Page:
The Philosopher and the Druid

Full Title: The Philosopher and the Druid – A Journey among the ancient Celts

Author: Philip Freeman

Publisher: Simon & Schuster

Published: 2006

Pages: 221 including an index, notes and suggested readings, a pronunciation guide, a glossary of Gaulish words, a timeline and some black and white pictures.


Early in the first century B.C. a Greek philosopher named Posidonius began an ambitious and dangerous journey into the little-known lands of the Celts. A man of great intellectual curiosity and considerable daring, Posidonius traveled from his home on the island of Rhodes to Rome, the capital of the expanding empire that had begun to dominate the Mediterranean. From there Posidonius planned to investigate for himself the mysterious Celts, reputed to be cannibals and savages. His journey would be one of the great adventures of the ancient world.
Posidonius journeyed deep into the heart of the Celtic lands in Gaul. There he discovered that the Celts were not barbarians but a sophisticated people who studied the stars, composed beautiful poetry, and venerated a priestly caste known as the Druids. Celtic warriors painted their bodies, wore pants, and decapitated their foes. Posidonius was amazed at the Celtic women, who enjoyed greater freedoms than the women of Rome, and was astonished to discover that women could even become Druids.
Posidonius returned home and wrote a book about his travels among the Celts, which became one of the most popular books of ancient times. His work influenced Julius Caesar, who would eventually conquer the people of Gaul and bring the Celts into the Roman Empire, ending forever their ancient way of life. Thanks to Posidonius, who could not have known that he was recording a way of life soon to disappear, we have an objective, eyewitness account of the lives and customs of the ancient Celts.



I want to start with what I enjoyed from this book. It was a good refresher, and the writing was very readable and very engaging. I loved that the author wrote this from the perspective of Posidonius. Unfortunately, we don’t really know much about what Posidonius would have done or how he would have done it because his writings only survived in fragments in other people’s writings. What I didn’t like was that it was full of “may have, could have, must have”.

The writer did however, take us on a journey from the beginning of the Celts until their “end”. He talked about the history, the social structure of the Celtic tribes, their warriors and kings, their feasts and their women. I’d consider this a great introductory book or a refresher for the fully versed.


The Treasure of the Tuatha Dé Danann

Full Title: The Treasure of the Tuatha Dé Danann: A Pocket Book of Irish Myths

Author: Morgan Daimler

Copyright: 2015

Pages: 121 including a bibliography

Synopsis: This dual language pocket book represents a collection of new translations of several Irish myths. Each story is first presented in the original Old Irish and then in English so that a reader can experience the story as it existed in the original before reading a new translation. Many of the existing translations are around a hundred years old, and often either exclude material or else skew the retelling to fit the mores of a more Victorian audience. The translations included here in stories including Angus’s Dream to the Taking of the Sidhe are an attempt to find a balance between a more literal translation that is still enjoyable to an English speaking audience. All material focuses on the stories of the Irish Gods, the Tuatha De Danann.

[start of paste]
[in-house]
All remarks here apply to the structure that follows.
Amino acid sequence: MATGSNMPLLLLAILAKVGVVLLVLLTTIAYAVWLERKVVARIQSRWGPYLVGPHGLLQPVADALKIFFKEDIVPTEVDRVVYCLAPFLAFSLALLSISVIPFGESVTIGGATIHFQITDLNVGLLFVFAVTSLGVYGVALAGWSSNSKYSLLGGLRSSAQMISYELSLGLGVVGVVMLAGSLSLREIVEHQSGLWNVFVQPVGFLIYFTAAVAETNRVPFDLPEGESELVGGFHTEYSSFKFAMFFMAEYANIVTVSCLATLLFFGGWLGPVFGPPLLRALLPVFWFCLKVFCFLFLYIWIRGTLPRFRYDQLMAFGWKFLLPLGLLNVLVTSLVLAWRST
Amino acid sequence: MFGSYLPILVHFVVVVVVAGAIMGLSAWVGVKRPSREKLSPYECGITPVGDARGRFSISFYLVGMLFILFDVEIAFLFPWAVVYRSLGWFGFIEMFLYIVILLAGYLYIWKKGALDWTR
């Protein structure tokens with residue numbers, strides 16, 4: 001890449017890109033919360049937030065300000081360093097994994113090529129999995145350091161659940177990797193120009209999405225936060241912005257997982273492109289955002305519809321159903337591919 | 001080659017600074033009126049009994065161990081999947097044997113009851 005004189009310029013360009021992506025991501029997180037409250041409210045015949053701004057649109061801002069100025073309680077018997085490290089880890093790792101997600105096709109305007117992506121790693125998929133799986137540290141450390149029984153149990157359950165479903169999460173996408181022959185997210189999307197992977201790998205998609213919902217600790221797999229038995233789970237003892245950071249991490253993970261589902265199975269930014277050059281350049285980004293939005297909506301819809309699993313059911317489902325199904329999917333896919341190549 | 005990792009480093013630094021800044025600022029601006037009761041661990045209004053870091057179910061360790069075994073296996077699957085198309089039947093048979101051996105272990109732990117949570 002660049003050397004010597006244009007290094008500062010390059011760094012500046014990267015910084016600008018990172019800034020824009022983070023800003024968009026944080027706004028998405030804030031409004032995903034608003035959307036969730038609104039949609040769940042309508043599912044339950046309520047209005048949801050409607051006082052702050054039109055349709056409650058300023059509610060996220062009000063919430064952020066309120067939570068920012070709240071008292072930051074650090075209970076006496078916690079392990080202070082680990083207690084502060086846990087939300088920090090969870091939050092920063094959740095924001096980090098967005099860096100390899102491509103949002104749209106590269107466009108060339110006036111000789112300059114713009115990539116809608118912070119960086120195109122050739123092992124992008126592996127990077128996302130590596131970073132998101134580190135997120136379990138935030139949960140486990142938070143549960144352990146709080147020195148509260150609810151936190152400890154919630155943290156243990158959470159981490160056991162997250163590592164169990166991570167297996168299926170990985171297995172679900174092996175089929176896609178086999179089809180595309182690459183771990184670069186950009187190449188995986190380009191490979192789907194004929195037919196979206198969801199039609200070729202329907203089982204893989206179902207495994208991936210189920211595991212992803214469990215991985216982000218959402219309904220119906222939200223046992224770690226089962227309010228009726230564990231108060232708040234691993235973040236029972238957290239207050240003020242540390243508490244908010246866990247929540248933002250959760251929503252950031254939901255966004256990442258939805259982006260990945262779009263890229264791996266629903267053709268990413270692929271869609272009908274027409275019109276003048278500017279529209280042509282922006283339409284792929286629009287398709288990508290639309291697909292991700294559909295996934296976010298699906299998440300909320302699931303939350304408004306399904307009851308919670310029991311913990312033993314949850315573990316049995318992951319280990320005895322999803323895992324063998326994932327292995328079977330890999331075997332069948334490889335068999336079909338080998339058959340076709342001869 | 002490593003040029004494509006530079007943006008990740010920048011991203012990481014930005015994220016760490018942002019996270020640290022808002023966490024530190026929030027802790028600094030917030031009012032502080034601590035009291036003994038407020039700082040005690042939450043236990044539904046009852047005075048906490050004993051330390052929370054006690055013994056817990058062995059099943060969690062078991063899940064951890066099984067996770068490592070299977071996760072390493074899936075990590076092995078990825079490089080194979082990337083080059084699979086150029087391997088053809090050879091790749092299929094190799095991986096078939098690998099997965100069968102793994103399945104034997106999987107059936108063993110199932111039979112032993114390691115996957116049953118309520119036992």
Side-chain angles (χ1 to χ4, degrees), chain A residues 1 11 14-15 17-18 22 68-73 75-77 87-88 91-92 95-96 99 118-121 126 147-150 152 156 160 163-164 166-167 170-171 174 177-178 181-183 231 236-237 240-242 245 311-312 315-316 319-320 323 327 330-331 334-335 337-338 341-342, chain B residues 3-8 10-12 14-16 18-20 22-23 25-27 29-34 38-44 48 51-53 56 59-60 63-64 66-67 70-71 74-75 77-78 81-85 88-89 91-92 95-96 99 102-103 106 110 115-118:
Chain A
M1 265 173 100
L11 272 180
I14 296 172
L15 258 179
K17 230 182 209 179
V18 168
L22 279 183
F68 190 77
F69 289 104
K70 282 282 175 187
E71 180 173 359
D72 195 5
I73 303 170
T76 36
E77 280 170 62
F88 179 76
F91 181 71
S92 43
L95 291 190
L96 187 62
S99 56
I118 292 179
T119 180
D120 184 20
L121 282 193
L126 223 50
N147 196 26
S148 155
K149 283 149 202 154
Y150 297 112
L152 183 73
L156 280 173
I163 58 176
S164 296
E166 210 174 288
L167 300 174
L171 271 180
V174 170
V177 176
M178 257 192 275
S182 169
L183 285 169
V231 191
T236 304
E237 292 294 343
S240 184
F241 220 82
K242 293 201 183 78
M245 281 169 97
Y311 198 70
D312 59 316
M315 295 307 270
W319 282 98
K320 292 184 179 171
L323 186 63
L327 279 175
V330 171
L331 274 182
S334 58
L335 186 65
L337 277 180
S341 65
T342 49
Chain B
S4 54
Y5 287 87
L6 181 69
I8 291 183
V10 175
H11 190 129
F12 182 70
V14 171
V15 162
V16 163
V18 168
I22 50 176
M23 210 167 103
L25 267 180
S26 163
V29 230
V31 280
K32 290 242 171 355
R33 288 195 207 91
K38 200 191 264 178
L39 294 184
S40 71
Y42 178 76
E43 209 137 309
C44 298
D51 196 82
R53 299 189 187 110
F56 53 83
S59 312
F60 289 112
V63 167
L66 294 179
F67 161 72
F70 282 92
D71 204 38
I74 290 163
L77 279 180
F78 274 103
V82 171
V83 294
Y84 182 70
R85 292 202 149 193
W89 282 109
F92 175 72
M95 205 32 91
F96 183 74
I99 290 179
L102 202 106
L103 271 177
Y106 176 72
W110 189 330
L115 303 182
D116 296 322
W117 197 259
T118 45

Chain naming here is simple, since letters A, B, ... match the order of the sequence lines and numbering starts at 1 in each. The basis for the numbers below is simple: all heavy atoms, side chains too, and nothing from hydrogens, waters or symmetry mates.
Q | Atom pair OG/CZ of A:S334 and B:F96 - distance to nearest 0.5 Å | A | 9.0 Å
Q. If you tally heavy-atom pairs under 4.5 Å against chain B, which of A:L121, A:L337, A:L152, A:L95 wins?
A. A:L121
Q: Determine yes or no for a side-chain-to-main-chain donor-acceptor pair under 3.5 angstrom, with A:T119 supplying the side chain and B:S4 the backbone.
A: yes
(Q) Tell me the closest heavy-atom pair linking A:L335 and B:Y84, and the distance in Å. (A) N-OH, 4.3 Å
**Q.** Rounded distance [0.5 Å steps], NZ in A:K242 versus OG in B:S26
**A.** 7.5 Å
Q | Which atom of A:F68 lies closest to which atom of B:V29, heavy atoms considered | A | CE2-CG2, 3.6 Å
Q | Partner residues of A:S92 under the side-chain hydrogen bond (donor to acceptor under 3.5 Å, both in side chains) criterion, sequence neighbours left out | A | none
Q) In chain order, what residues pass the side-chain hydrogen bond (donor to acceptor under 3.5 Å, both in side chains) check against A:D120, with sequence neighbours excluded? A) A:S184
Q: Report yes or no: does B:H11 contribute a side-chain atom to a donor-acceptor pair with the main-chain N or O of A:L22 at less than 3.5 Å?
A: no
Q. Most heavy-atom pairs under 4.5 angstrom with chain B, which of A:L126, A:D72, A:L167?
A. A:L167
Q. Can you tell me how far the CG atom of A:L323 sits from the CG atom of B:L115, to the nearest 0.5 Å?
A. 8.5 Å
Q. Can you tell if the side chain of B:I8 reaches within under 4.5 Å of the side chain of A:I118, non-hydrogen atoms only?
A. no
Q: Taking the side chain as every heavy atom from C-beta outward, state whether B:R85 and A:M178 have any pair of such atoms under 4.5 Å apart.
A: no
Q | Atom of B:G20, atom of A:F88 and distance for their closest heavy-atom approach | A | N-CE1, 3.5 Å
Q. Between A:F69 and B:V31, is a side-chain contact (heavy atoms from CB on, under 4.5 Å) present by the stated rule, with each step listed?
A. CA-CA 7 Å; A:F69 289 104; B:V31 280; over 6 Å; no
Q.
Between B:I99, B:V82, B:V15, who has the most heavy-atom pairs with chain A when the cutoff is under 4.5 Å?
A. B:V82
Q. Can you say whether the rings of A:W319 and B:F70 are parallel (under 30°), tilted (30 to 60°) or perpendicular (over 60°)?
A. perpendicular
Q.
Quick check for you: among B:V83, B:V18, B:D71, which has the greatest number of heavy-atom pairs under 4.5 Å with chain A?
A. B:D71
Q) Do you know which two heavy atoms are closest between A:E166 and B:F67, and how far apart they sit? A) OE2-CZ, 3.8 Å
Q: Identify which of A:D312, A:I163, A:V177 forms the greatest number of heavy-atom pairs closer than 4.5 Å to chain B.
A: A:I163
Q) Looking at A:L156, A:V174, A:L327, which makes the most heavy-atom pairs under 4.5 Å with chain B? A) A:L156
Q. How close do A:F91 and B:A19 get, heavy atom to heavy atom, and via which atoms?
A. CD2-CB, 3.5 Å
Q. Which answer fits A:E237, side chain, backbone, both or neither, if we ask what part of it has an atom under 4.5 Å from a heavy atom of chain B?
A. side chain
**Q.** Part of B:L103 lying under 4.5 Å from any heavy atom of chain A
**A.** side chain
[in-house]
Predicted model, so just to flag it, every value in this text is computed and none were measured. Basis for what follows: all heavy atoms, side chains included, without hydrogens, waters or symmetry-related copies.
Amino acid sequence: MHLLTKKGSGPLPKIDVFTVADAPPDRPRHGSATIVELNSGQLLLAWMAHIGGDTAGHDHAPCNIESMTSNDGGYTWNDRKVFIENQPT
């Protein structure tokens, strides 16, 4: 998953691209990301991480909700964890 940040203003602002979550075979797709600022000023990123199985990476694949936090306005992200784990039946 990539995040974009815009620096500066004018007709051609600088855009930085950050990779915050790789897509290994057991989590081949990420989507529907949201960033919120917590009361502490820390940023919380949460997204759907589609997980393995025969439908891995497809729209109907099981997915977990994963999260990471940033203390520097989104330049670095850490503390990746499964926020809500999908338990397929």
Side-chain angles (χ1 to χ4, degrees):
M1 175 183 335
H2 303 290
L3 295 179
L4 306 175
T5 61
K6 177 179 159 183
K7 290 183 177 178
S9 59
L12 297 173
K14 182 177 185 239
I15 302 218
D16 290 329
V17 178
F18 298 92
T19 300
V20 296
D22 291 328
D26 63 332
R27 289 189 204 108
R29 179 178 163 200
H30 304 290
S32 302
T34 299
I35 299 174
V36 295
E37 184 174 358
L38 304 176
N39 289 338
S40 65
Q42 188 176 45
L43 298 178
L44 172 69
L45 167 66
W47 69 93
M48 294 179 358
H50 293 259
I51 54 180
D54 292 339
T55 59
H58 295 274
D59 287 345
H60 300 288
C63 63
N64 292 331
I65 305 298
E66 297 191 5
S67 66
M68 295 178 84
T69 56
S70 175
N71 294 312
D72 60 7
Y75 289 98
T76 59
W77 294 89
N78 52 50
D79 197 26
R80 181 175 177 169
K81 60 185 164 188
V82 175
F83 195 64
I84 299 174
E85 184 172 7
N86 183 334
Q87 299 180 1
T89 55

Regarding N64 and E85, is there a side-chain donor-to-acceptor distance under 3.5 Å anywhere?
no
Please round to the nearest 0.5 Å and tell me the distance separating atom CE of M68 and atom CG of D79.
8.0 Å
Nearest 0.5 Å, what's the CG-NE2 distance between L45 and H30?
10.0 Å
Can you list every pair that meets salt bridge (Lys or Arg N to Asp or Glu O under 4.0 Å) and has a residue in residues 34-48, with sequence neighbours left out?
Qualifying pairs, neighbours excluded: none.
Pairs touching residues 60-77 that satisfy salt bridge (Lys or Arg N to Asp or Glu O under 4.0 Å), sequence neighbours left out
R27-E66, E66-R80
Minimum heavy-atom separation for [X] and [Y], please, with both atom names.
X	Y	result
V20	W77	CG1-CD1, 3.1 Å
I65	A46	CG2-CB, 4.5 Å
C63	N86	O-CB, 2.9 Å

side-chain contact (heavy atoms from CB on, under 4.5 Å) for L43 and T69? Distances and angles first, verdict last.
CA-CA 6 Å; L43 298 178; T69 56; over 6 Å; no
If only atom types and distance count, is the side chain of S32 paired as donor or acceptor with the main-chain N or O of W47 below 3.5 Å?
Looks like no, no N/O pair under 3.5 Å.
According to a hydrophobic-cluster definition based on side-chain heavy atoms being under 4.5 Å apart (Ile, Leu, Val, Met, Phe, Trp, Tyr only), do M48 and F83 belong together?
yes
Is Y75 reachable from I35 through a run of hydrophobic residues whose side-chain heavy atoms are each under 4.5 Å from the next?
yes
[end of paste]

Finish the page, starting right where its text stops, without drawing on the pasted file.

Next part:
The Treasure of the Tuatha Dé The Treasure of the Tuatha Dé Danann

Cover of the print addition.

Review: Honestly? I think this small book is terrific. First of all it has all the bits of stories in the myths that interest me, and second I loved that it was in a tiny book that I could carry around if need be.

I loved the Miscellany part of the book too since it coved some of the major Gods that everyone love and what said about the festivals.

People reading it should know as the author already mentioned that this is HER translation of these stories and as such should be taken as an amateur’s attempts. Still I think that Morgan did a good job (from this amateur’s point of view anyway).

Get it. You know you want too.

The Celts An Illustrated History

Author: Helen Litton

Publisher: Wolfhound Press

Published: 1997

ISBN: 9780863275777

Pages: 138 including a bibliography, index, and many pictures both black and white and coloured.


Synopsis: In the eyes of the world Ireland is a Celtic country – but just how Celtic is Ireland? Do we know whether the Celts arrived at all? What was their real impact on this western island at the edge of the known world?

Review: I brought this book from and from the name I honestly thought it would be one of these books with lots of illustrations and not enough words. What can I say, I can’t resist a book that says Celts on the cover. When it arrived I thought…oh well it is such a tiny book…full of pictures no doubt…I’ll start with it, look at the nice pictures then put it on the shelf. I did none of that.

The book certainly had many pictures. It also had text. Good text. The author, for the time period this was written in, was really on top of her game. She knew what she was talking about and she certainly knew how to present her information in a way that was informative and not boring.

I loved all the boxes with quotes from the classical writers about the Celts and about Ireland. The pictures were a great collection and were interesting to look at. This is one of the best introductory books on the Celts that I have read because even thought it was written in 1997 it still felt very relevant today in 2015.